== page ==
Whenever I am snugly ensconced in a comfortable bar, I often raise a metaphorical glass to the heavens for my good fortune in living in a time when the entire process of going out for a drink is as far advanced as it has ever been.
More specifically, I discovered that this year marks the 200th anniversary of one of my heroes and a man who did more than most to improve the lot of drinkers - Joseph Bramah, who was born in 1748 in Yorkshire.
Bramah was one of those wonderful men whose inventions helped chivvy along the Industrial Revolution. Somehow, in the space of roughly half a century, a disparate group of men came up with fascinating inventions that revolutionised the way we lived and worked, shifting Britain and then the wider world away from an agricultural economy to a manufacturing one.
Old Joe, as I like to think of him, is probably most famous for his work in hydraulics, specifically the hydraulic press, examples of which are still in use today. Overall, he secured patents for 18 different inventions, but it is his first two that have made visiting the pub such a pleasant experience. Before Bramah's time beer was usually served from large casks kept behind the bar and therefore open to all manner of fluctuations in temperature, light and movement. The beer was dispensed through a small tap, letting gravity do the work.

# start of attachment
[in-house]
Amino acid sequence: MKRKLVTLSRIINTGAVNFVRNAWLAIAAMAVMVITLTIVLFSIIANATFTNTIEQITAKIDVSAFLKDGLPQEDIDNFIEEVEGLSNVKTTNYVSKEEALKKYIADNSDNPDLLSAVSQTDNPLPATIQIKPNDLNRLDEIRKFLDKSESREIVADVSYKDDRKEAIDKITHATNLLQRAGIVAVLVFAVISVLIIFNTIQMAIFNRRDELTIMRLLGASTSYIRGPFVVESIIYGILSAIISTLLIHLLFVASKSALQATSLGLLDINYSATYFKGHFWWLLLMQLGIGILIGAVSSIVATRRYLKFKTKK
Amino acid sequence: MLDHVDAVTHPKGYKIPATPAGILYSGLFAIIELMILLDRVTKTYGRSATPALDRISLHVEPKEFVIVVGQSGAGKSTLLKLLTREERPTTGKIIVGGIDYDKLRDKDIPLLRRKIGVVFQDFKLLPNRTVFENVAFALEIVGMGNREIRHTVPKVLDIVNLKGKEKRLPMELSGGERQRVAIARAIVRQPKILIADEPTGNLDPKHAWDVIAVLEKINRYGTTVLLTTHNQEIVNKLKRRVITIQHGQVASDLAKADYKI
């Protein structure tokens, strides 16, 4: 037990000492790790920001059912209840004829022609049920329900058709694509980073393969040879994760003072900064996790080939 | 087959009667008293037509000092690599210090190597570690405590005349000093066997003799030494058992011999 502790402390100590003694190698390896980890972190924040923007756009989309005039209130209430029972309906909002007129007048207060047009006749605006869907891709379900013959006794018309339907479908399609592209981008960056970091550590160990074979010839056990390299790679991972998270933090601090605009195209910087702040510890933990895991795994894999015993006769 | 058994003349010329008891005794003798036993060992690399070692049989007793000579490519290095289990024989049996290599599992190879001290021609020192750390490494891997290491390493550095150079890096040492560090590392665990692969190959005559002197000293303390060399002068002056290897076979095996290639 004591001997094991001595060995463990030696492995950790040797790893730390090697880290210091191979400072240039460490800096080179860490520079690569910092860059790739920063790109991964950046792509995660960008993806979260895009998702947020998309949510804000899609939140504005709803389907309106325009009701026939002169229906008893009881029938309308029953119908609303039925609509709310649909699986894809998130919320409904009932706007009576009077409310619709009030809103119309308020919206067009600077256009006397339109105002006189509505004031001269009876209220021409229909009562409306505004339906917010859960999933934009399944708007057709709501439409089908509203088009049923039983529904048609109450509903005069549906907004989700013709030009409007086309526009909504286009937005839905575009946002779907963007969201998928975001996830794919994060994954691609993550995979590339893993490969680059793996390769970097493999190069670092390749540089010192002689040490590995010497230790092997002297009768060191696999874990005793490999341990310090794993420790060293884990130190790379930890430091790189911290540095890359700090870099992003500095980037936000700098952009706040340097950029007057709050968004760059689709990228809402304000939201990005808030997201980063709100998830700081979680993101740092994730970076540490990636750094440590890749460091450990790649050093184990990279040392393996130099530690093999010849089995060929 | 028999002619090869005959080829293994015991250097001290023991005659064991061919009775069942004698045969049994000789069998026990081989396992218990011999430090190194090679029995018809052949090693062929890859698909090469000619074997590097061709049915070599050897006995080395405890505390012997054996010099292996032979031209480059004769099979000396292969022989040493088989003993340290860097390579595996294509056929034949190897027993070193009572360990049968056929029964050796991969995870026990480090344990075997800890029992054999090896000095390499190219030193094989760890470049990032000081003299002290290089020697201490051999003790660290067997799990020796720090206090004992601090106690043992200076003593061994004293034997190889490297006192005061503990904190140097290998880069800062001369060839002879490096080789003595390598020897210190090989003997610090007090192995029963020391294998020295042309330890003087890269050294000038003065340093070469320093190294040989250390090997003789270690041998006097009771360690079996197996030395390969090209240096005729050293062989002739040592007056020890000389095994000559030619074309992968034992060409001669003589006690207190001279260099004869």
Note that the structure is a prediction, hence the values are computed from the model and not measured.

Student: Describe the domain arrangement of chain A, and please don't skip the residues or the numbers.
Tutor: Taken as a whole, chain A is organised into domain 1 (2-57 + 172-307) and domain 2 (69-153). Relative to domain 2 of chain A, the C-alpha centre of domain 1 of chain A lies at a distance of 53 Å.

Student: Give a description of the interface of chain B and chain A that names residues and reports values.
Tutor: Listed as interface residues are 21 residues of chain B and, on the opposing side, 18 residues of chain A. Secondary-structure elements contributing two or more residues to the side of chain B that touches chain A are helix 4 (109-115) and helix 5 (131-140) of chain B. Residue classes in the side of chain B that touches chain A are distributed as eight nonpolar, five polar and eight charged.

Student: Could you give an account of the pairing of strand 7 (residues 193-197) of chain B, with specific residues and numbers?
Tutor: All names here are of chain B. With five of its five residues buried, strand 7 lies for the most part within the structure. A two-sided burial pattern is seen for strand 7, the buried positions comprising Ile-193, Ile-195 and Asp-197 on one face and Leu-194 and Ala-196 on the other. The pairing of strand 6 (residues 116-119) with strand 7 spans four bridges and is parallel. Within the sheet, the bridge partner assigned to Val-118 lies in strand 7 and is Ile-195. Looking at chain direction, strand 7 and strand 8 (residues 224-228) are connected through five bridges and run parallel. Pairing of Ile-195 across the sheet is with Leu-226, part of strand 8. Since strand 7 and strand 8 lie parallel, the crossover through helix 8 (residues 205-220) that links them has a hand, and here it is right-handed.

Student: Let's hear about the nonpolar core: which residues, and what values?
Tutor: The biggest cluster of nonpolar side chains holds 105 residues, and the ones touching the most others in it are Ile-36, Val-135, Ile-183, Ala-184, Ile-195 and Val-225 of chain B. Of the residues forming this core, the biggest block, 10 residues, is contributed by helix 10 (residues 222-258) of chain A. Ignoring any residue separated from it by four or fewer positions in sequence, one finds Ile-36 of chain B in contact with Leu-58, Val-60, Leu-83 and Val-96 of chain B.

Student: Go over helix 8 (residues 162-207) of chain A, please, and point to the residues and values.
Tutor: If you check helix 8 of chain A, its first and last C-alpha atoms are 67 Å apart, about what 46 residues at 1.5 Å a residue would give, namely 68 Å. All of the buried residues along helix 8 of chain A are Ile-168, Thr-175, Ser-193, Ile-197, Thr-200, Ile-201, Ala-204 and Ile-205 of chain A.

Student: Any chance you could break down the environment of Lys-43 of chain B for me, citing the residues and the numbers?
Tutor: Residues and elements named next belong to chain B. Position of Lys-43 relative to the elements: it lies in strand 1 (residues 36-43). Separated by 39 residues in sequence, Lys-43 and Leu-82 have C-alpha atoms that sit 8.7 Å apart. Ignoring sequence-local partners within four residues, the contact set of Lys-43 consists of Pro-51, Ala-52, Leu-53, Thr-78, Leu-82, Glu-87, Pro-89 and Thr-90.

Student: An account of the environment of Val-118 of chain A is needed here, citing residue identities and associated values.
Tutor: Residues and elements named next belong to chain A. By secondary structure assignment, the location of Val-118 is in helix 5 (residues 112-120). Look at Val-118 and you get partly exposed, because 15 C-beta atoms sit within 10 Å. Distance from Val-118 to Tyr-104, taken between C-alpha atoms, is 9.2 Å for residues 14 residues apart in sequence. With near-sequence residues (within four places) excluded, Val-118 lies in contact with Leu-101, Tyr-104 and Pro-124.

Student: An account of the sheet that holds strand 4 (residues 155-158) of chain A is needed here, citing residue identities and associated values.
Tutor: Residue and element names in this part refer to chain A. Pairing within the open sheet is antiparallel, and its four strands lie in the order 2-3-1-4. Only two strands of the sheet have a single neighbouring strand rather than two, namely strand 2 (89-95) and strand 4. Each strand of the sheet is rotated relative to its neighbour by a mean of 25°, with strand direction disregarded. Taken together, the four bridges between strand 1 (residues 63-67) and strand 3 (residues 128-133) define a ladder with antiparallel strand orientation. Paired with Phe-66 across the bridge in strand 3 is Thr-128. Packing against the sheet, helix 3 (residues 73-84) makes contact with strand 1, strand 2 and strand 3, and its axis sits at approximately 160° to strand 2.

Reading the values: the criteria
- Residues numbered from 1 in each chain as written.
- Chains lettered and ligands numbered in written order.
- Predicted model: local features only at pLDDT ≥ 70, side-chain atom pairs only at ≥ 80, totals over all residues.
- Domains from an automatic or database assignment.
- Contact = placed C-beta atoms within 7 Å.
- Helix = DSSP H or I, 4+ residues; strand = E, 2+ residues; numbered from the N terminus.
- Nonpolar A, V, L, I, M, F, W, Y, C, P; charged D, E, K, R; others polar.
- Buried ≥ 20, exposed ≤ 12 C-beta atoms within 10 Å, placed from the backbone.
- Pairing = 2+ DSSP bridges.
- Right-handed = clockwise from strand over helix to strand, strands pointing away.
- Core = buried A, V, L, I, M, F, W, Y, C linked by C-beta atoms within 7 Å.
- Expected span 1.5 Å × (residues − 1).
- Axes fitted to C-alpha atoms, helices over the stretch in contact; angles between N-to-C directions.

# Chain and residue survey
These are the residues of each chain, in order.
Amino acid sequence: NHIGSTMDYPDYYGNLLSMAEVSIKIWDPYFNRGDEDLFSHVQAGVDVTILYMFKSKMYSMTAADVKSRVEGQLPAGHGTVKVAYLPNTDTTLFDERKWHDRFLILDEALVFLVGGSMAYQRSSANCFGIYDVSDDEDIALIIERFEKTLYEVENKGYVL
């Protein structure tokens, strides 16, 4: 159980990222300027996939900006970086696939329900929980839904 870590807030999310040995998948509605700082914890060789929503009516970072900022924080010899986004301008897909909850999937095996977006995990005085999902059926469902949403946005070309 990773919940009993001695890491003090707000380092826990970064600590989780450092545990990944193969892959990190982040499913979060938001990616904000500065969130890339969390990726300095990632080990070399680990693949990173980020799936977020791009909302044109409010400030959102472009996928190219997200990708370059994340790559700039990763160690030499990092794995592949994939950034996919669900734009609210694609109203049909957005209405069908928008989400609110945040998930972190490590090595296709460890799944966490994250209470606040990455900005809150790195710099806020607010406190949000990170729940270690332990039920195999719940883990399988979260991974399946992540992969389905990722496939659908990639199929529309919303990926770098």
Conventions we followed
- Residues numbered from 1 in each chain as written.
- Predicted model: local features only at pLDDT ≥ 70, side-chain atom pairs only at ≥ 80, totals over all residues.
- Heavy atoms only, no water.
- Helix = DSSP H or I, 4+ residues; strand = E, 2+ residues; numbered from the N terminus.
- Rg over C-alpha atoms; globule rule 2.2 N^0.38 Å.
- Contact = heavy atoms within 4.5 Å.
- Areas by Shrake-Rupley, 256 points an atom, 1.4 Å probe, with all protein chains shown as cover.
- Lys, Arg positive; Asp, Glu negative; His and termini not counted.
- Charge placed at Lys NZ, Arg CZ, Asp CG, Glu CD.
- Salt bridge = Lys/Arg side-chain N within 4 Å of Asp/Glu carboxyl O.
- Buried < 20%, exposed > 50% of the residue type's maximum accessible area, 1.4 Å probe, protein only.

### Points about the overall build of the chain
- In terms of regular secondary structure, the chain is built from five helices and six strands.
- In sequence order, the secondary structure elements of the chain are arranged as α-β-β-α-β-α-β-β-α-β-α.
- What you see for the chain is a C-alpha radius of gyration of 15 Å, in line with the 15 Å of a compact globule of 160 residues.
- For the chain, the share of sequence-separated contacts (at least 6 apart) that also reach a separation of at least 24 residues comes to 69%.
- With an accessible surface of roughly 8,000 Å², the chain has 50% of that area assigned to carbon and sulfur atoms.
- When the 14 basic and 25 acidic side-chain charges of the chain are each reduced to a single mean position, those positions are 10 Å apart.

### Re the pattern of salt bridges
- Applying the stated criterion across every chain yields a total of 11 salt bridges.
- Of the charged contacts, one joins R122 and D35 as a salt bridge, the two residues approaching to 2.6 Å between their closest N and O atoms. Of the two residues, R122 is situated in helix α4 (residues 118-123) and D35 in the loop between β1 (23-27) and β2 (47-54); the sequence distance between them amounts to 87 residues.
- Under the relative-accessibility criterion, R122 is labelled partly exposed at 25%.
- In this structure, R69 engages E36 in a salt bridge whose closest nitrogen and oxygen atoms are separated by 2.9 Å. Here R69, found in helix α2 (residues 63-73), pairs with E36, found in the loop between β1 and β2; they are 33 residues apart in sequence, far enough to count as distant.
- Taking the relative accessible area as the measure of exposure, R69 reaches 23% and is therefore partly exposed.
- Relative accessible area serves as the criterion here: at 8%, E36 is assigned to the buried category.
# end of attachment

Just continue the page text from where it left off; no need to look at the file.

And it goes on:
Old Joe came up with a far more efficient delivery system when he designed his beer pump in 1785, the forerunner of today's beer tap. The next time you are being hypnotised by the coloured lights twinkling on the bowser at your local, spare a thought for the likes of Joseph Bramah, without whom we'd still be licking it out of the end of a tap.
His invention meant beer barrels could be stored in a cellar beneath the tavern, meaning the storage temperature could be kept constant, thereby improving the general quality of the beer. Old Joe also came to the rescue of the desperate everywhere with his first patent, which was for an improved flushing toilet. If latrines were still holes in the ground out the back, far fewer people would go to the pub, even though some of the toilets I've encountered in Auckland would make a cesspit look attractive.
It took a lot of people a lot of work to make our lives as easy as they are today, so give thanks that basically all the hard work is done and all that remains is to enjoy the fruits of the labours of others.
I'll certainly drink to that.